Five new dengue cases, including Big Island's first
|||Special report: Dengue fever: health crisis in the making|
By Yasmin Anwar
Advertiser Staff Writer
The first case of dengue fever has been confirmed on the Big Island, according to the latest numbers reported yesterday by the state Department of Health.
Five new dengue cases were added to official tallies of the outbreak that has infected 74 people on Maui, O'ahu, Kaua'i and now the Big Island.
Three new cases are in Kane'ohe, one is in the Hana area and one in Pahoa on the Big Island.
As yet, epidemiologists cannot determine the origins of the Pahoa case. The man has no recent travel history. Nor has he visited dengue hot spots such as East Maui, the South Pacific or Southeast Asia.
Though dengue cases continue to sprout in new areas, health officials say the overall rise in the mosquito-borne disease is hardly epidemic.
"I'm encouraged that we haven't seen the numbers increase dramatically in any of the areas," said state Health Director Bruce Anderson.
He says aggressive community-based mosquito eradication efforts are the most effective means of stopping the spread of the disease.
In recent days, the state Health Department has been canvassing homes along the the Windward Coast on O'ahu to teach people how to remove mosquito-breeding grounds. And since the outbreak surfaced in East Maui in June, more than 1,300 locations around the state have been sprayed with insecticides.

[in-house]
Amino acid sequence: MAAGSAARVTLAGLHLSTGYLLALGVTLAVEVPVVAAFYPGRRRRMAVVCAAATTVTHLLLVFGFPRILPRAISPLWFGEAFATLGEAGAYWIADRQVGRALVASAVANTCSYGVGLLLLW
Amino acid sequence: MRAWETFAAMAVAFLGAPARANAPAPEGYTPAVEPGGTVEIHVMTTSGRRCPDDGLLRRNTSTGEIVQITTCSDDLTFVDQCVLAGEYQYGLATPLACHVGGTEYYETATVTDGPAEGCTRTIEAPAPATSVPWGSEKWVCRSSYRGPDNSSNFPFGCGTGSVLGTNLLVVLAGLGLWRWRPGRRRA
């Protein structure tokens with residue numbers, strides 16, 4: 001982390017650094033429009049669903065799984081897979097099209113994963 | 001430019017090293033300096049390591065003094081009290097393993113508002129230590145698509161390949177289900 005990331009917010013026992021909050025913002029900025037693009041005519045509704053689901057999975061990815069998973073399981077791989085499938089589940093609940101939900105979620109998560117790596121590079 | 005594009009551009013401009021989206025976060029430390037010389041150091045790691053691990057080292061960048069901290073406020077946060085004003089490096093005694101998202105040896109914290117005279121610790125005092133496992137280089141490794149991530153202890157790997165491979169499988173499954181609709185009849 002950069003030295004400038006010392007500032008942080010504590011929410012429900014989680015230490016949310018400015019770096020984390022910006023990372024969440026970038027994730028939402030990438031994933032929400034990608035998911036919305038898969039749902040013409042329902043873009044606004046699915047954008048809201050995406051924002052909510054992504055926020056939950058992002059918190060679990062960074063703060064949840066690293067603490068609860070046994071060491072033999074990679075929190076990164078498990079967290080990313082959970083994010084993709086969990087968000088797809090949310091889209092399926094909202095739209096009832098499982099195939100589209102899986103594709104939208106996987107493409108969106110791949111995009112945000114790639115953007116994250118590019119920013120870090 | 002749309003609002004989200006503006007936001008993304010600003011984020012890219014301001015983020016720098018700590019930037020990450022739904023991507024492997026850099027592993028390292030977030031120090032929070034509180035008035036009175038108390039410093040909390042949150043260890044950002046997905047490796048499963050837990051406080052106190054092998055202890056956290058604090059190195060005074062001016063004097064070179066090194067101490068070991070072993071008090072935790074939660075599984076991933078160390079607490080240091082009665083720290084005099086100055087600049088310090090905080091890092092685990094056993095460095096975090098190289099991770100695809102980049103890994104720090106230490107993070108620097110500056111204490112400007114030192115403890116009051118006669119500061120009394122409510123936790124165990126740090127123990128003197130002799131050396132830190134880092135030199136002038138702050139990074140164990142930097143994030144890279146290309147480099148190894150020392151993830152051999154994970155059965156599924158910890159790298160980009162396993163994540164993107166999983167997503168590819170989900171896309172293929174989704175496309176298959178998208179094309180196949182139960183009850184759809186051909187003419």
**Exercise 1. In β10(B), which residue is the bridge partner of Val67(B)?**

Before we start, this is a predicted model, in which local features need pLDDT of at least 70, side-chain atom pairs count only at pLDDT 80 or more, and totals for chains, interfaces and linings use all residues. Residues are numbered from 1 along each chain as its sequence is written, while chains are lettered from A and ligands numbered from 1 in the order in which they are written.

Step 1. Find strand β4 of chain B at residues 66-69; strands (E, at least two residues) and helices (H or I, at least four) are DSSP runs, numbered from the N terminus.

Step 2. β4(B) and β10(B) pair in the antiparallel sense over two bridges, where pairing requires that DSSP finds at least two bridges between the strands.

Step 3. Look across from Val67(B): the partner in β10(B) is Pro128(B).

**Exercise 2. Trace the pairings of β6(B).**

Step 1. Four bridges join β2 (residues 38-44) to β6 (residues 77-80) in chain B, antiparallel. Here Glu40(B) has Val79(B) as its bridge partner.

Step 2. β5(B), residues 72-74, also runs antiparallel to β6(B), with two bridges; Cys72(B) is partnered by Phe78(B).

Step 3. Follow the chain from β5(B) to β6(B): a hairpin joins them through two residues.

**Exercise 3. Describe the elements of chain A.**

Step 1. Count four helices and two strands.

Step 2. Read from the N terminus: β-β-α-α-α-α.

More than 300 suspected dengue cases are under investigation, but health officials predict few of those will turn out to be dengue.
Nonetheless, Anderson said he expects that many people have been exposed to the dengue virus, but have not shown symptoms of the disease.
Hawai'i's last major dengue outbreak was in 1943 and was limited to O'ahu. However, it's possible that there have been mini-outbreaks since then that were misdiagnosed.
That's why epidemiologists are conducting surveys to determine whether Hawai'i residents, particularly those living in the rainforest areas of East Maui, may have been exposed to dengue strains other than the DEN-1 serotype identified in this outbreak.
Dengue fever is a virus spread via aedes mosquitoes. The carrier in Hawai'i is believed to be the Aedes albopictus, also known as the Asian tiger mosquito.
Within a few days of being bitten, victims with classic dengue fever typically suffer from high fever, headaches, nausea, muscle and joint pains and rash. The more serious dengue hemorrhagic fever has a fatality rate of 5 percent. No one in Hawai'i so far has been hospitalized with serious dengue symptoms.